The goal is not always as important as the journey.
I always liked this song. I’m sad part of the creative minds that created it has lost his life too young in life.
The years pass by like sand sliding through an hourglass. When I was young, days lasted forever. As a child I climbed the trees, waded in the creek, and lived in the moment. Then the adult years came, and with them adult worries. Soon everything had a deadline and a goal. I was the master of my own fate, but that came with a price. I no longer had time to enjoy the moment. Tomorrow was coming fast. Then I was older, and years passed by like weeks. I worried more about wasting time, rather than spending it. I fretted about what I didn’t have, never enjoying what I did.
If I had a crystal ball, I’d never resist peeking at my future just as I always flip to the end of any story I read. There is a burning need inside me to know the result of all this suffering and toil. Is there a child in my future? Am I wasting precious time and energy on a dream that will never happen?
It is hard to sometimes just enjoy life’s journey. We always know the fairy tale ends in a happy ending. But our lives are not blessed with that promise. Living through a life without knowing if you’re in a tragedy or a comedy or both can be rough. I am always caught up in “what if?” that I often struggle to enjoy now. I always forget to stop and smell the flowers…
Once upon a time, I was single and lonely. So lonely. I stared up at the ceiling of my dorm room, blinking away hot tears. I thought I’d never find love. I had just lost my crush to a friend. Love won’t happen to me, I thought getting more depressed. I’m twenty-two and I’ve never been on a date. Men hate me. They run from me. What’s wrong with me? Will I ever fall in love? Am I doomed to be single forever?
I agonized about it throughout my teenage years.
And once more I let my belief that the worse outcome was the only possibility steal away the happiness of the moment. I was afraid to open my heart to the idea that the worst results were not the only results. I was trying to save myself from pain by protecting myself from hope.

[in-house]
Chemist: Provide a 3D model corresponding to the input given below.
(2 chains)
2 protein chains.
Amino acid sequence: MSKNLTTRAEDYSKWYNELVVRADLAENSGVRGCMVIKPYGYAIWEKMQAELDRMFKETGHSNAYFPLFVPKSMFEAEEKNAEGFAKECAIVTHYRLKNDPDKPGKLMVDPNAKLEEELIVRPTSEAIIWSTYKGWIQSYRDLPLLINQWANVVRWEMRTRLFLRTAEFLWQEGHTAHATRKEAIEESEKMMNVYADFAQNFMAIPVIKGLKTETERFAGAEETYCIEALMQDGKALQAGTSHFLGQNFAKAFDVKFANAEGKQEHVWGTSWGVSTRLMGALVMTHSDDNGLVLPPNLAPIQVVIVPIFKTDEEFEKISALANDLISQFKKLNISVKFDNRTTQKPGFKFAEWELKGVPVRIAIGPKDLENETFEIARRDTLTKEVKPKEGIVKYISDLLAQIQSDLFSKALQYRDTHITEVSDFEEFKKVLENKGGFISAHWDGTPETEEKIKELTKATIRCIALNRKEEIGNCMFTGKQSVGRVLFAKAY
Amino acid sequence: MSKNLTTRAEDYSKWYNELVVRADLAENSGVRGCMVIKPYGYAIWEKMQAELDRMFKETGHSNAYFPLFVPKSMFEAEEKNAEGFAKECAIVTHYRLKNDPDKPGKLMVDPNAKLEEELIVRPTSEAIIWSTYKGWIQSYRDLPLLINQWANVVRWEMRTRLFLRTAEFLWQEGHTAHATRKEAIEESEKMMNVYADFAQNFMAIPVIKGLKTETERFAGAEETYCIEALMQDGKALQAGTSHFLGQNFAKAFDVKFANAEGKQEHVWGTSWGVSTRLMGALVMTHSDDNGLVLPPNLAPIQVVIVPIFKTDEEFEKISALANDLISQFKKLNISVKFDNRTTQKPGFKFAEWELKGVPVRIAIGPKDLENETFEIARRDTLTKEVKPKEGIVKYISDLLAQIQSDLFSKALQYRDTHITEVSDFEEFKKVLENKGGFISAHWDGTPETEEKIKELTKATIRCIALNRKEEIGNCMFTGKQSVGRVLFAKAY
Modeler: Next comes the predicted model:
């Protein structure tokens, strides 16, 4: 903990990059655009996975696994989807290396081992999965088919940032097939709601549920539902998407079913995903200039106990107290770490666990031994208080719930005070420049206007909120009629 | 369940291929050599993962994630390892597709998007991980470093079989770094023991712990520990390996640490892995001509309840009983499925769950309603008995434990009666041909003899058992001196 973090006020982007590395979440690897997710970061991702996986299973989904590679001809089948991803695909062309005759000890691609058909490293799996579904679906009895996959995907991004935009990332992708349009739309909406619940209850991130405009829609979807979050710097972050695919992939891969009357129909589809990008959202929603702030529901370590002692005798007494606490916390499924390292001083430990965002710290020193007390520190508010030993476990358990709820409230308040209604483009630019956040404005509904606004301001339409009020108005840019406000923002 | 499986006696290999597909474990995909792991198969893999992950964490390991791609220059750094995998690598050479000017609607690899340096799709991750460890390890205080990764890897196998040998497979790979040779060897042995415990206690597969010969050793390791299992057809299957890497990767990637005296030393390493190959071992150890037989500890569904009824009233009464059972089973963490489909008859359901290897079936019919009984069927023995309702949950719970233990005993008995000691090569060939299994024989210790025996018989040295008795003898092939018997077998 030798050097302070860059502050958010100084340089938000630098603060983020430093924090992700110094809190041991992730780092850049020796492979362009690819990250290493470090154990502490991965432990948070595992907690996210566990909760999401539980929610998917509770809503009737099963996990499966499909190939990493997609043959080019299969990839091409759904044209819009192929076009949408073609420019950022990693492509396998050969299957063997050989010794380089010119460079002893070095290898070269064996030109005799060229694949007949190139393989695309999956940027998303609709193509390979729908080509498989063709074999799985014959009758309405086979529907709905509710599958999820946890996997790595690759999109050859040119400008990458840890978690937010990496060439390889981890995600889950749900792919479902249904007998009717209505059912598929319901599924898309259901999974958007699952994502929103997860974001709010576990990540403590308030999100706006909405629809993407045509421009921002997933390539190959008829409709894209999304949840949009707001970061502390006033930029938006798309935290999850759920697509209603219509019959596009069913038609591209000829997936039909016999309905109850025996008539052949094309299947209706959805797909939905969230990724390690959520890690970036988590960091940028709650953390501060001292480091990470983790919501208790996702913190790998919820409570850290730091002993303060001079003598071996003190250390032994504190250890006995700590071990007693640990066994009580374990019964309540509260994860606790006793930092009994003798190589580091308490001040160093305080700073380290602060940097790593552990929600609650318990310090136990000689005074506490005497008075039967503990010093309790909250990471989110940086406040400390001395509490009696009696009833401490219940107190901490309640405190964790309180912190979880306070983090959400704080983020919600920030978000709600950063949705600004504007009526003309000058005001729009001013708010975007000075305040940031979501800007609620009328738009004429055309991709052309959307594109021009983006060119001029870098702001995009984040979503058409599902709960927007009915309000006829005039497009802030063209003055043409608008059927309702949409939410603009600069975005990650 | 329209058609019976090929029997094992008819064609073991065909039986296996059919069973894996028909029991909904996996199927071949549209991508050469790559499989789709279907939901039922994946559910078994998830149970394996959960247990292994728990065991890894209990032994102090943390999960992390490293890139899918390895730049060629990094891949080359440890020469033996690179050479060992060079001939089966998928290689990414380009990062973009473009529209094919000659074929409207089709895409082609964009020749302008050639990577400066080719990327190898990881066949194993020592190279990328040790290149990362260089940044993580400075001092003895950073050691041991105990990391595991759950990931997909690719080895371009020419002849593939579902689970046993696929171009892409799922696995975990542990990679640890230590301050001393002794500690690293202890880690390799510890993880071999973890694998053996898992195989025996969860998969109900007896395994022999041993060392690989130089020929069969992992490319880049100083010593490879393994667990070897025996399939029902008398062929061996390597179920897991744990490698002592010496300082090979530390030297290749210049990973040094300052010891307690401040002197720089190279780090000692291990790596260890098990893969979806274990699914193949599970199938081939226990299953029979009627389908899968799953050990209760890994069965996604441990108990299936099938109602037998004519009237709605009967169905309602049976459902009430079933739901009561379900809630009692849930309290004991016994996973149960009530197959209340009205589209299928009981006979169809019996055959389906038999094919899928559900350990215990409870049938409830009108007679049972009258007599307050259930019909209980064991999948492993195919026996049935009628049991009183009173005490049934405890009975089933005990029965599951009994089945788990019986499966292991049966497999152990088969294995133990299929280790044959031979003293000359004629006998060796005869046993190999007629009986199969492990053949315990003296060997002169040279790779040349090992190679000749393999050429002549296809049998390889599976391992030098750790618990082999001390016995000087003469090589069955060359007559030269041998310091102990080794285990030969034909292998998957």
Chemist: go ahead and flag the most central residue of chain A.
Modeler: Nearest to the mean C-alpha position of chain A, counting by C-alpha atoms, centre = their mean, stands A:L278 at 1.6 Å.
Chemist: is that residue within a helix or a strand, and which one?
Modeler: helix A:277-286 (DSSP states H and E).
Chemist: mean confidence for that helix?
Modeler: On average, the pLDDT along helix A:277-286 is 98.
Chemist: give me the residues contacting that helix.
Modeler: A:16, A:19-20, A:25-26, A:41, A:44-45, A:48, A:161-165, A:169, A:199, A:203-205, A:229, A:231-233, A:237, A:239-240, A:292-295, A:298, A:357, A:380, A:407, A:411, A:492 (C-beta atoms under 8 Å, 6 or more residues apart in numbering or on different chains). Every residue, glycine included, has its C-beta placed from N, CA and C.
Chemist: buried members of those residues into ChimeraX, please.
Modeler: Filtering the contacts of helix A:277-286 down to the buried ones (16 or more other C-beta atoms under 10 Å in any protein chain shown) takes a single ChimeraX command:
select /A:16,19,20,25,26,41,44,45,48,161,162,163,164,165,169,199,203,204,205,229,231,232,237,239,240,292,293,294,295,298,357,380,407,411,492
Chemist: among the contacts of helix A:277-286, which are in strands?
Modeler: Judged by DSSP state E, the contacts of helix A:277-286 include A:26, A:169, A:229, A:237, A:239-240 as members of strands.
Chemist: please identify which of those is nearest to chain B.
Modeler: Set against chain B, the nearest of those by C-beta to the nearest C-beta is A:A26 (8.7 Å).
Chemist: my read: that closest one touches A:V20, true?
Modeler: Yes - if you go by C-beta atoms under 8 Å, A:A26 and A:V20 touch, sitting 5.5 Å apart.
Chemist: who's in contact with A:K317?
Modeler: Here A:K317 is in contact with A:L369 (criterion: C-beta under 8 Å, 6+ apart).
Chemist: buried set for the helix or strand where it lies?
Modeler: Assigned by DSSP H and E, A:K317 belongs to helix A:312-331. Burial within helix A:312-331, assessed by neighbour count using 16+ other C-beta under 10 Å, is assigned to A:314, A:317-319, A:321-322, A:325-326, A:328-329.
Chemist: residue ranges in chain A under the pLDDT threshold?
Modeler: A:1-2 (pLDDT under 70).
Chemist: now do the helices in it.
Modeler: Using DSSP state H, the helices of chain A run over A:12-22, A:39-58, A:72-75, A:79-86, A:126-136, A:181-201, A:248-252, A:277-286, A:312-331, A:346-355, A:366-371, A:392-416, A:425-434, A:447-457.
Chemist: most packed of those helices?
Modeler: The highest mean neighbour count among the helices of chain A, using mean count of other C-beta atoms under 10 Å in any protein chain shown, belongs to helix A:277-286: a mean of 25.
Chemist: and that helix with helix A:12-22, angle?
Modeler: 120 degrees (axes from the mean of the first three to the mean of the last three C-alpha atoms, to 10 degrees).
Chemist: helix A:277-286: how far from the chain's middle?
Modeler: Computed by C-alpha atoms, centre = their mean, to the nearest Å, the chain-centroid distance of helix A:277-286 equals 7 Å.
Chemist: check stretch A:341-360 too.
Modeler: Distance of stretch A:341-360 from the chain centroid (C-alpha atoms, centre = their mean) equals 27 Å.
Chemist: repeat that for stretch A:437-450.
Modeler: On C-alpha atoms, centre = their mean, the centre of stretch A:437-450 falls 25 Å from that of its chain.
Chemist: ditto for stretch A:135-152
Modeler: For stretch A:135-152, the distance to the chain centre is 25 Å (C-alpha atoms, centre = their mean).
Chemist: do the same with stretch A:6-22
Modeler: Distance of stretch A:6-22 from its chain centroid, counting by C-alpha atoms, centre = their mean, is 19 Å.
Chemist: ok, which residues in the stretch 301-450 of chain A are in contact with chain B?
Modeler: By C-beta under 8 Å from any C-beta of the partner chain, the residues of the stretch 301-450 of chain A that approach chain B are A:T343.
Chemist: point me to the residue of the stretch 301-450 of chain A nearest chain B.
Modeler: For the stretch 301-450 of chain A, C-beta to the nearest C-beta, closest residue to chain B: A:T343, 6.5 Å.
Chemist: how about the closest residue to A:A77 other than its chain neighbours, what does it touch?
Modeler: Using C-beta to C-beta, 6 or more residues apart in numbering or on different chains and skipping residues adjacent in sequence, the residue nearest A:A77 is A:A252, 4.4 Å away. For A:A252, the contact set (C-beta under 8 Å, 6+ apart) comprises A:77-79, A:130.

A year later, I did fall in love for the first time — a sweet, terrifying, bitter, wonderful, and insightful experience. All my ideas and expectations of love were thrown out the window. The harsh lesson taught me not to ignore my instincts and not to rush things. From that lesson, I settled down emotionally and became less concerned about meeting someone. I realized I was okay living on my own.
Over a year later I fell in love again. This time I did not worry about the “what ifs”. I did get caught up in the goal, but let myself enjoy falling in love. I enjoyed the moment and it remains a beautiful moment.
I stopped to enjoy love, not capture and control it.
For other parts of my life I still don’t have that inner peace. Why can’t I let go like I did about love? Why can’t I get that same kind of faith that things will work out? I feel lost in a forest.
I want to see ahead. I want to see the way out, yet it’s just more trees. More flowers.
I want to experience the beauty of the moment, but all I fear are the worries about my future and those “what ifs”. I feel lost at times, like I’m meandering and wasting time. What will other people think? Their expectations can be crushing.
No sooner did I meet the expectations of my friends — find love and get married — then they had new ones. Will you have kids? What is your career? What about this? Achieving the expectations only leads to new ones. My peers are never satisfied. I’m never successful enough. The competition of who outdid who never seems to end. Who is happier? Who is better off? Who is more in love? Who has children? Who has better children? If they surpass you in one life goal, you are reminded that “you’ll get here one day”.
I feel like these goals are just tricks to keep us in the rat race. To make us feel trapped in a hierarchy of expectations. I want to be that person stops running from life goal to life goal just to prove I’m better than someone. I don’t want to be that person. I’ve never cared nor thought of others in those terms, yet I still get caught up in the Life Olympics.
I have to remind myself that it’s okay not to meet life goals. Enjoying time is not wasting it. And stopping to smell the flowers every once in a while is okay. Life is not a destination, but a journey.
No one will ever say, “Congrats, you completed all your life goals. Now you can relax”.
I have to say that to myself. I have to say, “You know what. I don’t care about that life goal. I am okay if I never tick off that box. I don’t care if you feel you bested me in that category of life. We are not in a competition for who had the better life. We are on our own journey’s and I’m tired of having mine compared to others. Leave me in peace. I just want to stop and smell the flowers.”
There is always another deadline. Another life goal to check off. I hope I can learn to let go of my fears of the future and what others think of me. I hope I can stop letting the opinions of others control what I think of myself.
I guess I don’t want to end up as someone who never experienced life because I was too busy reaching the end.